the capacity of the load space of a railroad car, automobile, vessel, or aircraft. It is one of the fundamental performance criteria of means of transportation. The ratio of occupied load space to the freight capacity is called the freight-capacity use coefficient.
In ships a distinction is made between grain capacity (for bulk cargo) and bale capacity (for piece cargo). Excluding the area in the load space that is not suitable for storage, the bale capacity is 6–10 percent lower than the grain capacity.
An important factor is the specific freight capacity (the volume of load space per unit of freight capacity). The specific freight capacity of present-day covered railroad boxcars is 1.94–2.0 cu m per ton; of half boxcars, 1.08–1.16; and of tank cars, 1.02–1.14. For dump trucks the specific freight capacity is 0.6–0.7 cu m per ton.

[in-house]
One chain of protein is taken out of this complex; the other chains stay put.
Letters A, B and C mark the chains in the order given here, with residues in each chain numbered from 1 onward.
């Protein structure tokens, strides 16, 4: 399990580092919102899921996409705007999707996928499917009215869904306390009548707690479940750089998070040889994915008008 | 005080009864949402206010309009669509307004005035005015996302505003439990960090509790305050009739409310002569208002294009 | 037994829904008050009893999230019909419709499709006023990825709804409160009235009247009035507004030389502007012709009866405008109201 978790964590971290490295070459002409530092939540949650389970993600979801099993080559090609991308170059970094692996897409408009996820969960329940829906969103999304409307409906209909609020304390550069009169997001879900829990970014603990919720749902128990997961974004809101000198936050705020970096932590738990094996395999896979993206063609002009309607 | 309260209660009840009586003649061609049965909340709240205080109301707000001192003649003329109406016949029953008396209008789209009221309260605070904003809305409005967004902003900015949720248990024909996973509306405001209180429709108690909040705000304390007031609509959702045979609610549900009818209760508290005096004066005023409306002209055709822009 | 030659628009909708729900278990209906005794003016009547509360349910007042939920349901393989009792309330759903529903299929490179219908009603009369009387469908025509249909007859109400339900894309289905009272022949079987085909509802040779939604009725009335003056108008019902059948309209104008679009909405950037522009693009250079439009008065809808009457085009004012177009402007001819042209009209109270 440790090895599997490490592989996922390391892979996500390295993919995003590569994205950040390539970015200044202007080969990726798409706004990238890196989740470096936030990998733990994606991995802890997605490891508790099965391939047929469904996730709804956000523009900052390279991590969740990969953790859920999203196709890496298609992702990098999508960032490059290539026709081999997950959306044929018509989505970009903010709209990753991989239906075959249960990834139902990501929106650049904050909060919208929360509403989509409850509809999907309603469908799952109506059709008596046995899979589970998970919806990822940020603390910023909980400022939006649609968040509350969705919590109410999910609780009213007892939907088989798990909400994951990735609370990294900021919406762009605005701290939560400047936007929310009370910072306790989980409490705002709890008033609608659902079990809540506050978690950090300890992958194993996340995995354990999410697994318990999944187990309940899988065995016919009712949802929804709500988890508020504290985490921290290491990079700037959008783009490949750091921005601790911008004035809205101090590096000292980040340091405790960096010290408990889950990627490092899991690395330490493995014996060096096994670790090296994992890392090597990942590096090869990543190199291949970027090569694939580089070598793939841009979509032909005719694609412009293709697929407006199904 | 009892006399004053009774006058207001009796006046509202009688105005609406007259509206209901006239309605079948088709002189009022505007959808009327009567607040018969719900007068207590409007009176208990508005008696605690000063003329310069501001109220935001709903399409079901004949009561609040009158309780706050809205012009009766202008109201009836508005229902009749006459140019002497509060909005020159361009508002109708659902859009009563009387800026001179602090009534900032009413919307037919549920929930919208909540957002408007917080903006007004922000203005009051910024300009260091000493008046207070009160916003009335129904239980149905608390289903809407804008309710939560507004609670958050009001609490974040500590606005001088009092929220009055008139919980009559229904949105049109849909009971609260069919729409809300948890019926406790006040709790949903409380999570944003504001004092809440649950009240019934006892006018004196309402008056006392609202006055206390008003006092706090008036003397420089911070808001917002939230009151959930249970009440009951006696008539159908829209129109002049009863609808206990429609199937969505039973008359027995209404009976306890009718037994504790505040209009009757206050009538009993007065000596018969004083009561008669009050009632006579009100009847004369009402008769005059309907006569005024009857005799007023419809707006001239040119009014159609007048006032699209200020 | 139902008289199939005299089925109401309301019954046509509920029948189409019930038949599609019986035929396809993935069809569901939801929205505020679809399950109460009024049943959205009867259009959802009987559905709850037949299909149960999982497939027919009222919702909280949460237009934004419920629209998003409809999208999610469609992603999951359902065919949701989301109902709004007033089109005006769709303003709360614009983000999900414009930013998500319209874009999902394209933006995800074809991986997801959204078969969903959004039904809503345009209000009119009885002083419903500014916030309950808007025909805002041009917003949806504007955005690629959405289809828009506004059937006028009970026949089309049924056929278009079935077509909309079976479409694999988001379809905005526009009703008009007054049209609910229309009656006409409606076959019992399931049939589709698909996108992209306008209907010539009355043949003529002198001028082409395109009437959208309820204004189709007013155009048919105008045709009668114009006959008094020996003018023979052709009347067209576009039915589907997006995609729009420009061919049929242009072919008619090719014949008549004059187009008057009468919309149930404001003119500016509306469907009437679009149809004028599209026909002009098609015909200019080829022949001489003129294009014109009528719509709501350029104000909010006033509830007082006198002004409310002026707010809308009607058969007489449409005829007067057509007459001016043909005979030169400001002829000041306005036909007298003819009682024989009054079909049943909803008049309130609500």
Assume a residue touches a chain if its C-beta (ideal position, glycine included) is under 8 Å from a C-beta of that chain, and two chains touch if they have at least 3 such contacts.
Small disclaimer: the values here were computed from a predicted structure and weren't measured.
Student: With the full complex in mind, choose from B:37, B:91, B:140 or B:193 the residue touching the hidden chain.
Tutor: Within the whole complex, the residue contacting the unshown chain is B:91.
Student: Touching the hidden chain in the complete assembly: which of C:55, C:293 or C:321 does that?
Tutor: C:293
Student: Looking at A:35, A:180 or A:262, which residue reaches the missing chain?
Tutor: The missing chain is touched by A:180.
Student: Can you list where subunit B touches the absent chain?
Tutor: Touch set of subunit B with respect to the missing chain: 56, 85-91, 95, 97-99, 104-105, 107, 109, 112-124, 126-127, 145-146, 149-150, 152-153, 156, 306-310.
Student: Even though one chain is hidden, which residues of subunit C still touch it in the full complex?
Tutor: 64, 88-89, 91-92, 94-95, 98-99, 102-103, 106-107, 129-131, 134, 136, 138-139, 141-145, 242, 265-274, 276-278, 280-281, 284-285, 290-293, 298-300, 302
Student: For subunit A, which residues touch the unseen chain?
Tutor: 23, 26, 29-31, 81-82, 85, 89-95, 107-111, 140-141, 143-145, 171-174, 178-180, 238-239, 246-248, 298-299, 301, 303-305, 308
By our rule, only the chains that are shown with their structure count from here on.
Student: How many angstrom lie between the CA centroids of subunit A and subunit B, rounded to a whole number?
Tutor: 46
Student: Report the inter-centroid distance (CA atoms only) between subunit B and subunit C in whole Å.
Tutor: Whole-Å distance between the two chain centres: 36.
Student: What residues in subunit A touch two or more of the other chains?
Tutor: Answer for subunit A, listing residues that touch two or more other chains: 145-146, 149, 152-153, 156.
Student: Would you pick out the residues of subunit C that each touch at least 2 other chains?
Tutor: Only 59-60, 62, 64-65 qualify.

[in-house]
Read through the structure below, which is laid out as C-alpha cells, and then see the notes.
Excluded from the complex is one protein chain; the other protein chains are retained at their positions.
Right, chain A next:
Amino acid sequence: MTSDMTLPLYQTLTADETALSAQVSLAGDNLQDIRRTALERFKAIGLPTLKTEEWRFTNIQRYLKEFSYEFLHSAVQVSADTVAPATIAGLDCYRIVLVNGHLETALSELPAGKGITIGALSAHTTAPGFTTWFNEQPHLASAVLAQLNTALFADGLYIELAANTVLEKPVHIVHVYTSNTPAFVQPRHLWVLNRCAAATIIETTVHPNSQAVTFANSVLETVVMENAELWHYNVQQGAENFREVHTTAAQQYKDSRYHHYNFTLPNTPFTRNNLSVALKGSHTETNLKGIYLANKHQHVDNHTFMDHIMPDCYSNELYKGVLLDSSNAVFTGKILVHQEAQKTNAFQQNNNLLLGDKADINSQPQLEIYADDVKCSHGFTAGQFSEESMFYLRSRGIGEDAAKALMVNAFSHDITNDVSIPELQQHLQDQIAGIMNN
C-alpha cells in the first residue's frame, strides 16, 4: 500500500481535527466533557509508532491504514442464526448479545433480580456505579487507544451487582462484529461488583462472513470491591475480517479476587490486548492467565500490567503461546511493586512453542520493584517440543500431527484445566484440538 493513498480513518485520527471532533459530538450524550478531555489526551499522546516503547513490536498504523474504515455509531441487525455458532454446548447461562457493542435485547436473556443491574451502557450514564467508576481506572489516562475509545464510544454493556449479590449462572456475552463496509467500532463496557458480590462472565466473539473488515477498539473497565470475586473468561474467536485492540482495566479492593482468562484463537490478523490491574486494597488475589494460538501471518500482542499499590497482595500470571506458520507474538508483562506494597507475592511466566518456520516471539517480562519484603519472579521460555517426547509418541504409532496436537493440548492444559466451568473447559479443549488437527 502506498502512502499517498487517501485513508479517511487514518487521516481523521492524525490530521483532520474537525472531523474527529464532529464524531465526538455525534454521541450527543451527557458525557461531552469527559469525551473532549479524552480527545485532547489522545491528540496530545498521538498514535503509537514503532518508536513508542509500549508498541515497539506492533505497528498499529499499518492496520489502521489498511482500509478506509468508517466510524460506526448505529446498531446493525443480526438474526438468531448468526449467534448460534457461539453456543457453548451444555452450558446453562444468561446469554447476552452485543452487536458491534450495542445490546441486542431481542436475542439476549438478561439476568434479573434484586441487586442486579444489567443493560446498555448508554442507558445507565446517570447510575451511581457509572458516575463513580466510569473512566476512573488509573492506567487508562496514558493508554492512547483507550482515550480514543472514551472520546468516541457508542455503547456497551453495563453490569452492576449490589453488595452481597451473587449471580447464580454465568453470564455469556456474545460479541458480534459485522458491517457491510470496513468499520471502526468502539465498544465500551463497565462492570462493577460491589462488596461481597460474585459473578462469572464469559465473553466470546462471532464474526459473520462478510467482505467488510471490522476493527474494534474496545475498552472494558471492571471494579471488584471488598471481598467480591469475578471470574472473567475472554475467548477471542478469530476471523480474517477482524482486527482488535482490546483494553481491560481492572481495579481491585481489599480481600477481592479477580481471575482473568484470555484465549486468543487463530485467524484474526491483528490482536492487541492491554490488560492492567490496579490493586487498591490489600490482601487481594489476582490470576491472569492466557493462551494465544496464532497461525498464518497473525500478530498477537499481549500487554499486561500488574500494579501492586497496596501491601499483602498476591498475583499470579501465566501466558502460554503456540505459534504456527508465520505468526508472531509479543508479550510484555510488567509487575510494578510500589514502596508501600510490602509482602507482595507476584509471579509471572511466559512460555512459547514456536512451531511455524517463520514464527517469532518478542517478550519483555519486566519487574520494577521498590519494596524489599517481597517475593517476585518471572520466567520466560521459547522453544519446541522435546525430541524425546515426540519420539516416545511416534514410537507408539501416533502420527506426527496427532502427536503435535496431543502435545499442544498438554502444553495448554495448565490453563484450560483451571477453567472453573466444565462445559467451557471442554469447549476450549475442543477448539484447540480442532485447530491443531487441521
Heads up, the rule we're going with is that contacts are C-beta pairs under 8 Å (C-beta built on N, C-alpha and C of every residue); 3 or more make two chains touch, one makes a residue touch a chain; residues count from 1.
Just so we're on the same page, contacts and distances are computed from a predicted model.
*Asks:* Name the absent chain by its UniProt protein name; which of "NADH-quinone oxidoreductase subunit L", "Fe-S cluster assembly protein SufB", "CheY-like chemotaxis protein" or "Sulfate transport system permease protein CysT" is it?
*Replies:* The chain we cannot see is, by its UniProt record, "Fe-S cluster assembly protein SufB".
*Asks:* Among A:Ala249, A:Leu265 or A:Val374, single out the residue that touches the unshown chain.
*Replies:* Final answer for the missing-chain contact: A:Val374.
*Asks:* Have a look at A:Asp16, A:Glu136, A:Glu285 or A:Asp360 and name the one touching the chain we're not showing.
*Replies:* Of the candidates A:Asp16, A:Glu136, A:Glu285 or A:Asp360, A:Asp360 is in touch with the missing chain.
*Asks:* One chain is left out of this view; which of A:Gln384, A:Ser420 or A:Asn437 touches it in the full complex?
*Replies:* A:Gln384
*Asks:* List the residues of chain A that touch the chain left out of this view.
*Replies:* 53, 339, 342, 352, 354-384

Ocean and river vessels have various specific freight capacities, depending on their purpose. For ore carriers it is 0.5–1.0 cu m per ton; for bulk-load vessels and tankers, 1.2–1.4; and for general-cargo vessels, 1.4–2.2. The specific freight capacity of an An-22 airplane is 7.0–7.5 cu m per ton.
For open freight carriers (railroad flatcars and flatbed trucks) the specific freight capacity is expressed as a ratio of the area of load-carrying surface to the freight capacity. This index is 0.58–0.94 sq m per ton for railroad flatcars and 1.2–6.0 sq m per ton for general-purpose motor vehicles.
E. S. SERGEEV